Donald and Brenda Fitch learned the hard way that married entrepreneurs have a third partner in their businesses—Uncle Sam. The couple recently lost a tax court battle with the IRS over how much money they owed in self-employment taxes for their respective businesses. Their hard-earned experience provides an important lesson for couples when both spouses are small-business owners.
Self-employment taxes are the equivalent of payroll taxes for employed people, with the business owner responsible for both the employer and the employee portions. If your small business turns a profit, you almost certainly owe self-employment taxes.
For 2014, self-employment taxes consist of 12.4 percent of the profits of a business's first $117,000 in net income and 2.9 percent on all net income. Many small businesses may owe nothing in income taxes but are still liable for a self-employment tax.
A Tale of Taxes Owed
During the years 2005 through 2007, the Fitches both owned their own, separate businesses. Donald is a CPA who runs his own practice while Brenda is a licensed real estate agent who owned a realty business at the time. In each of these years, the realty business turned a profit while the accounting practice lost significant amounts of money.
When the couple filed their tax returns for each of these three years on Form 1040, they attached a single Schedule SE, which computes how much self-employment tax they owed. Since the accounting practice lost more money than the realty business made, they jointly presented a net loss each year, which meant they didn’t owe any self-employment taxes, since those taxes are tied to profits.
When the IRS audited the couple's returns, the agency disagreed with how they had calculated their self-employment tax liability. The Fitches tried to argue that Donald technically owned both businesses and that it was therefore acceptable to present a single Schedule SE. The IRS, however, had evidence to the contrary.
The argument the agency presented was that each spouse owned and managed a separate business: Brenda was the real estate agent and performed all the duties associated with being an agent (finding clients, running ads, showing houses, etc.), while Donald focused on his accounting business. The couple had filed a separate Schedule C for each business as well. Although Donald managed Brenda's accounting and would occasionally provide advice to her on her business, this didn’t outweigh all the other evidence proving that the businesses were separately owned and operated companies. The Fitches tried to argue that Donald did a great deal more for the realty business than provide accounting services and occasional advice, but they had no evidence to back it up.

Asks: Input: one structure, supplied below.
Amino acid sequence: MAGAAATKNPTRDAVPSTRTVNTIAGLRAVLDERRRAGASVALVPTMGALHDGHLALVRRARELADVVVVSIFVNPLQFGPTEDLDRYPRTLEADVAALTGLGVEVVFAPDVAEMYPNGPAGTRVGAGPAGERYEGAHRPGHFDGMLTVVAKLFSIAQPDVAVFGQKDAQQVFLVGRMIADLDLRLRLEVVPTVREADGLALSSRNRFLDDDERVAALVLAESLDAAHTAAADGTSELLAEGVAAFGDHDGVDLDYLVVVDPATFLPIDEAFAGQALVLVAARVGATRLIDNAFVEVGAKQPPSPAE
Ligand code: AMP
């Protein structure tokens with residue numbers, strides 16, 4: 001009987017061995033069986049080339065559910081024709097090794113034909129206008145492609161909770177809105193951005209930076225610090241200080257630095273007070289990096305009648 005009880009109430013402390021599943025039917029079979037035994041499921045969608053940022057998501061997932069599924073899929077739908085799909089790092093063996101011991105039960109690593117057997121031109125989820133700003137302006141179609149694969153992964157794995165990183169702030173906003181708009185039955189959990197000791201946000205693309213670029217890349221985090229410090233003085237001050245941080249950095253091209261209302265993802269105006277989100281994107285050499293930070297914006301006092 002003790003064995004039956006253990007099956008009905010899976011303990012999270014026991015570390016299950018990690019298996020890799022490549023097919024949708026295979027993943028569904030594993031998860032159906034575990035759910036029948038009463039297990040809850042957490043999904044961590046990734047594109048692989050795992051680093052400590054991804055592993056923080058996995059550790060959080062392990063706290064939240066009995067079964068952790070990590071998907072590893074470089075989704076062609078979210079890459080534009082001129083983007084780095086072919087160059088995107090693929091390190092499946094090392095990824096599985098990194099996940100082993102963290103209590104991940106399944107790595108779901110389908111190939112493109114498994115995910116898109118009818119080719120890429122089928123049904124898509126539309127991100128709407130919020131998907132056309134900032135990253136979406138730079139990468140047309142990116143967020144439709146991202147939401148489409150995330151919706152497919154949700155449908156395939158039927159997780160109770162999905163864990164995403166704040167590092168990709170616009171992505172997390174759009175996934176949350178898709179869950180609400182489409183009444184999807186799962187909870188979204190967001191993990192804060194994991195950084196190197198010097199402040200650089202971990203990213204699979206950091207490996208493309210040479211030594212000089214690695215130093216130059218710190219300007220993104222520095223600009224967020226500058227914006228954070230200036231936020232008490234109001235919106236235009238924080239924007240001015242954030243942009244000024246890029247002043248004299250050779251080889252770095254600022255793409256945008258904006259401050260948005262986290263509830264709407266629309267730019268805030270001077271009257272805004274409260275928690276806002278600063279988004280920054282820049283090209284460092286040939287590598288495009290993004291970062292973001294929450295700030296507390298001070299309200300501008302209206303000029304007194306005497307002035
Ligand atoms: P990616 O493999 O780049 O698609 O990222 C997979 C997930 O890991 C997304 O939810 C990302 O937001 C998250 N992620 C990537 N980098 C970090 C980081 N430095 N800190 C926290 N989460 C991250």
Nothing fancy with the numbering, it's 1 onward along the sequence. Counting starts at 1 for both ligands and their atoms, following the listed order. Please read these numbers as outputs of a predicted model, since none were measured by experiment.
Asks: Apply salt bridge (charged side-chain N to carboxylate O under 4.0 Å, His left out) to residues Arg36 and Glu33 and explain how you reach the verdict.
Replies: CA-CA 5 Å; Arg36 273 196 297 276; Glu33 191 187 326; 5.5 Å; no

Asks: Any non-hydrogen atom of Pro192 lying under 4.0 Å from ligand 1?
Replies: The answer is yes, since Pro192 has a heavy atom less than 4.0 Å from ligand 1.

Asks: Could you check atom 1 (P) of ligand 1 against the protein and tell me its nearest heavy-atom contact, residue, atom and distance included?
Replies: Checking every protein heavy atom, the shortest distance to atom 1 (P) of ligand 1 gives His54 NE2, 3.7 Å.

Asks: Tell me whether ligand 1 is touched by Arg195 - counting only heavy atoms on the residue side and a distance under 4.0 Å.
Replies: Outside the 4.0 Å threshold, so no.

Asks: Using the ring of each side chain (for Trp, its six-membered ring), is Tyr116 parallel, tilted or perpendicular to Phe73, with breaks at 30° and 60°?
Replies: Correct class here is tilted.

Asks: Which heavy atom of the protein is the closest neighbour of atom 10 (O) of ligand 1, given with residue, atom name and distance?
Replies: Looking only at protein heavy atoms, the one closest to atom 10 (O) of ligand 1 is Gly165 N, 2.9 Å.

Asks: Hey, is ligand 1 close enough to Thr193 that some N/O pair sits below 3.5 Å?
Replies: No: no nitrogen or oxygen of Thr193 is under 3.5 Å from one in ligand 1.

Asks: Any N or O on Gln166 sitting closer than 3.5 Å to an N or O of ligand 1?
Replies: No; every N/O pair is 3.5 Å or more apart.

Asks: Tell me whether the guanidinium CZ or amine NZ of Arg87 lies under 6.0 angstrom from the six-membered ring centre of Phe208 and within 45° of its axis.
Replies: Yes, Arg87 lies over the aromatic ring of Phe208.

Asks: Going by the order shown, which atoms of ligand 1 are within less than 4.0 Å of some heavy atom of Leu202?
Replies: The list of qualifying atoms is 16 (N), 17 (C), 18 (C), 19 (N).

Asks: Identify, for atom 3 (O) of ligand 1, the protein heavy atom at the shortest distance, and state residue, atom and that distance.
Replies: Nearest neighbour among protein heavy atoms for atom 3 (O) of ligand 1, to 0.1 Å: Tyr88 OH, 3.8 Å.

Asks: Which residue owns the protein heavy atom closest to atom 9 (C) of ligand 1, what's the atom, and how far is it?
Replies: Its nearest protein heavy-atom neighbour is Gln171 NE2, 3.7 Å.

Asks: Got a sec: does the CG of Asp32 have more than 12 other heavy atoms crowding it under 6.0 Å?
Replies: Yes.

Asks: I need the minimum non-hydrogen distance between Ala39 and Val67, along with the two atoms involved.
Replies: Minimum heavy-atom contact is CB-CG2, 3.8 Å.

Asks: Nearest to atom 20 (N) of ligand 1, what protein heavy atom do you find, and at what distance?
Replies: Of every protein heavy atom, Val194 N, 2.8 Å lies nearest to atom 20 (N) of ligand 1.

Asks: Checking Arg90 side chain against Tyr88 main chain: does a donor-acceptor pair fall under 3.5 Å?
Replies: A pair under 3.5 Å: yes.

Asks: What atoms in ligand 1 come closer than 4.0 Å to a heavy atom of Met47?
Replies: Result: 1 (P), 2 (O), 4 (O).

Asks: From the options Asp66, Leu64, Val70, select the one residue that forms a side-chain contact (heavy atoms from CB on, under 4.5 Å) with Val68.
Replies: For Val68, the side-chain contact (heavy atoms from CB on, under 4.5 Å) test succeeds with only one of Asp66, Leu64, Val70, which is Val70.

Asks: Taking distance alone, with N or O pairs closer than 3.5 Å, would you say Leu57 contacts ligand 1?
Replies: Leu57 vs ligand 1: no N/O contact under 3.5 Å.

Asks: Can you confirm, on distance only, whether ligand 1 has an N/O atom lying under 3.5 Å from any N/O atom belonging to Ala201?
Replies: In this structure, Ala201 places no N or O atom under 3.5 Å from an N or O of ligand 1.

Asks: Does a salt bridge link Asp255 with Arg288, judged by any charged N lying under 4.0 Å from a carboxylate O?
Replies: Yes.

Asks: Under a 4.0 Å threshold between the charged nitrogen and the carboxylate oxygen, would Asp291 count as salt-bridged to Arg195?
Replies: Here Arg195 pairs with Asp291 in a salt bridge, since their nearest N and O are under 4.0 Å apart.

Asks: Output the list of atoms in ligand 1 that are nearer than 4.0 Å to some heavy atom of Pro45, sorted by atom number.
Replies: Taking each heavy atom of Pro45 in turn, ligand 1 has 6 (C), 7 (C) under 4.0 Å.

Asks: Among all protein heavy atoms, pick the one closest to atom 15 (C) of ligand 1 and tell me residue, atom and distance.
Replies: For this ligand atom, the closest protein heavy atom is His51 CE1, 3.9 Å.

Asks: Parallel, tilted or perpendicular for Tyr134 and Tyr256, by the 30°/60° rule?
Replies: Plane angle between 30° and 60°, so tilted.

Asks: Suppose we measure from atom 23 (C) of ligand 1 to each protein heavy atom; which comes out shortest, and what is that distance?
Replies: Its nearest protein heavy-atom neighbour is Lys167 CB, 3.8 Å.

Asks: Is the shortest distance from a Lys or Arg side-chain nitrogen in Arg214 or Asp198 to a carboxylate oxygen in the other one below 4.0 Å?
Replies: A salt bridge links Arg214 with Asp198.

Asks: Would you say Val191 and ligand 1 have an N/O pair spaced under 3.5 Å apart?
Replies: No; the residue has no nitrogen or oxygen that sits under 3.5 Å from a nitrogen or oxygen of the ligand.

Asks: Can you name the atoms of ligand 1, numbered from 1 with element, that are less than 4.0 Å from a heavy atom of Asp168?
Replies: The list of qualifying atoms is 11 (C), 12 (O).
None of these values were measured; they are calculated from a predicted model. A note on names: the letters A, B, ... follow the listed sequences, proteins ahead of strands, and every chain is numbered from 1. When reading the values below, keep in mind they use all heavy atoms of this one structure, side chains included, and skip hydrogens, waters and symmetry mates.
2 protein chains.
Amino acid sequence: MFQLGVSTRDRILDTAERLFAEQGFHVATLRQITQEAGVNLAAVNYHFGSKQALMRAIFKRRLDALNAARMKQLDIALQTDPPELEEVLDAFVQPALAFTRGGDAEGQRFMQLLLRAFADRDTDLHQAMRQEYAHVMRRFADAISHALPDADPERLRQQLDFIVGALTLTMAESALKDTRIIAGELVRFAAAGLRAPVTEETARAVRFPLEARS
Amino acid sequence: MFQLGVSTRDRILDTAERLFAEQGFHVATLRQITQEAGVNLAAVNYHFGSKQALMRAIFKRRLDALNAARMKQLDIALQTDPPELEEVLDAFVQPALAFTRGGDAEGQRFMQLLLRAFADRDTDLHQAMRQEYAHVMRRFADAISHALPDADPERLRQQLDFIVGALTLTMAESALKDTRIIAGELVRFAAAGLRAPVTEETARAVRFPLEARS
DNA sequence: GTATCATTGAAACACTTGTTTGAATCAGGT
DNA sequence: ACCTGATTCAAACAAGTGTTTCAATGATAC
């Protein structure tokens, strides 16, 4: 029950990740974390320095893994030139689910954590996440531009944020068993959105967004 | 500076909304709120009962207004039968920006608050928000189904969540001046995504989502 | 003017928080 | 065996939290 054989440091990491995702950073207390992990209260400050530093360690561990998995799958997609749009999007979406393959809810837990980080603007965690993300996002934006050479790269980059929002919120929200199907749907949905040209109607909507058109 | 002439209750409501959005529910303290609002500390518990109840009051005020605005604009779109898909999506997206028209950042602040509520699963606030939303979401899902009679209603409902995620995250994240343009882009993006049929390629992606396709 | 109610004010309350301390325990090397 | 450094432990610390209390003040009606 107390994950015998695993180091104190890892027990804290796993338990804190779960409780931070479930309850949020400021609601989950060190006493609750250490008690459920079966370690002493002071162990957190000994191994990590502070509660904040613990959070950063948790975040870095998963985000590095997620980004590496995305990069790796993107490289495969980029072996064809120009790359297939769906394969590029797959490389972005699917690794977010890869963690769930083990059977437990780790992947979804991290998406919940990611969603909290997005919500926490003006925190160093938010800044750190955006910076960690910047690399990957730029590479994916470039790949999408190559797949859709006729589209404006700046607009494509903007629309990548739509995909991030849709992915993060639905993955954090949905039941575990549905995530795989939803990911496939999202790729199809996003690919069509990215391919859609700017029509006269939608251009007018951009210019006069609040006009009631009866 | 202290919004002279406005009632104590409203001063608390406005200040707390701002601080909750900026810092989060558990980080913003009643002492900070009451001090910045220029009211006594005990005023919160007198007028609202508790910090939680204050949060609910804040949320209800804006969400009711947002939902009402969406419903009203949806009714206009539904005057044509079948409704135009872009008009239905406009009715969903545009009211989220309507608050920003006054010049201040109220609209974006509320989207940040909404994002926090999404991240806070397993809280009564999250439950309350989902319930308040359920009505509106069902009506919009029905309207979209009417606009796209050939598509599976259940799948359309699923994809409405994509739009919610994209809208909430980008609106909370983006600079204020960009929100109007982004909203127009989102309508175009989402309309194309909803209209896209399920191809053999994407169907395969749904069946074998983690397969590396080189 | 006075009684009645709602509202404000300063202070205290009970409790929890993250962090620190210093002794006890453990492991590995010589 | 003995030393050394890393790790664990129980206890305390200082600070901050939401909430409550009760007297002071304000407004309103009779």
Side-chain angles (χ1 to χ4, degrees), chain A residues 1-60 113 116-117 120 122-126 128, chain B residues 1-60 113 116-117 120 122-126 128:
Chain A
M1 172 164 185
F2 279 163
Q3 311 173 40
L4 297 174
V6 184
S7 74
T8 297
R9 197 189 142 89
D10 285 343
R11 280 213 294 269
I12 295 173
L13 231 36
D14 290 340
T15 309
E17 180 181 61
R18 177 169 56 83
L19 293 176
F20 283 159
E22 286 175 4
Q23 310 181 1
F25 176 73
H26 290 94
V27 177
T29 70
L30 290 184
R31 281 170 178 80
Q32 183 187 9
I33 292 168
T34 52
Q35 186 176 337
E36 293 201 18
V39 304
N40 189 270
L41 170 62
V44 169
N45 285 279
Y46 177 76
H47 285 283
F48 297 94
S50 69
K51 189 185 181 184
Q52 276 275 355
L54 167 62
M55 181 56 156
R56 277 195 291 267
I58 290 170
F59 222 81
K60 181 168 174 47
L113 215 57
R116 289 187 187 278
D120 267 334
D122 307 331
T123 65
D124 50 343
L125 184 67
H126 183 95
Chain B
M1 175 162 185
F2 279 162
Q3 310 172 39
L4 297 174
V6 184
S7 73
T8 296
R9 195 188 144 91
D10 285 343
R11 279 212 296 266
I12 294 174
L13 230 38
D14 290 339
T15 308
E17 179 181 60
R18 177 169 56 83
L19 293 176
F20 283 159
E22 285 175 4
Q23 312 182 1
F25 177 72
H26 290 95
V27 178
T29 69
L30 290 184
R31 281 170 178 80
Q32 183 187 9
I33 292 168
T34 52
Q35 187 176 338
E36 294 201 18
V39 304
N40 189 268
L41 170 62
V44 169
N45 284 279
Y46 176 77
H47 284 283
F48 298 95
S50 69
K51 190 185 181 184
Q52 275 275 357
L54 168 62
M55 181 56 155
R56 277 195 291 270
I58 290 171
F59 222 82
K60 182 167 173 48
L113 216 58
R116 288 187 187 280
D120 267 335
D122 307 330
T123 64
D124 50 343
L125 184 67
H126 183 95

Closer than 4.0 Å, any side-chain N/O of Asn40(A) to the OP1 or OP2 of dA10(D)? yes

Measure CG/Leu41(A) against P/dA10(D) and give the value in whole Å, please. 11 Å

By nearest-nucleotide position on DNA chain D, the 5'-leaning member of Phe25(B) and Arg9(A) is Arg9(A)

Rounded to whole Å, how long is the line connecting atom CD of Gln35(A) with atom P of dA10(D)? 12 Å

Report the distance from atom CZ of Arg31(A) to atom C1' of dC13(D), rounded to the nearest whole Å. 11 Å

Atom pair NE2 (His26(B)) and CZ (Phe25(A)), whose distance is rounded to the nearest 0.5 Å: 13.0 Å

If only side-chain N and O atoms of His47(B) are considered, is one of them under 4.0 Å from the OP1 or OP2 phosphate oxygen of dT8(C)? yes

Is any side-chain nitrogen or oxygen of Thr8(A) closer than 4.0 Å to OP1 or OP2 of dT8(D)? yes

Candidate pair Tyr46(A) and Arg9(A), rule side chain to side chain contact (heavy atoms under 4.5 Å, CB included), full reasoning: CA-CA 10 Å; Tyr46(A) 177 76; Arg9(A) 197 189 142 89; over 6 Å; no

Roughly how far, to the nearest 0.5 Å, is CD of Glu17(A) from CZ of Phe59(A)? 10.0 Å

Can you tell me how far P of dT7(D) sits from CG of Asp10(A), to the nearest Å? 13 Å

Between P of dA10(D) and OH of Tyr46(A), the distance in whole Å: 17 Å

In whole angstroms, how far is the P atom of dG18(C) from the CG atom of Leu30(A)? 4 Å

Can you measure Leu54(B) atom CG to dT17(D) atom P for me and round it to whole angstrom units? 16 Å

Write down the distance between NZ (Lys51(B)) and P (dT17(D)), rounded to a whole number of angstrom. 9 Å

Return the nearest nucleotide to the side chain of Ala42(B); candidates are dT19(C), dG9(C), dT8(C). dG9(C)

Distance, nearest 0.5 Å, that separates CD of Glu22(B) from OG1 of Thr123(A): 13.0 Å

As the owners of separate businesses, each spouse should have filed a separate Schedule SE for their particular business attached to their joint Form 1040. Under that scenario, Donald would owe zero self-employment taxes, but Brenda would have a tax liability because her business was profitable. As a CPA, Donald disagreed with the IRS on this, but the tax court ultimately sided with the IRS, and the couple had to pay more than $5,000 in self-employment taxes plus interest.
How could the Fitches have avoided this problem? By providing better evidence that Donald was the actual owner of both businesses, as they claimed. They lost the tax court case mainly because they couldn't prove that Donald was the owner of both the CPA business and the realty business and that he materially participated in both. Had the Fitches been able to show evidence that Donald was the owner of both businesses, then the self-employment income from both businesses could have been attributed to him, saving the couple more than $5,000.
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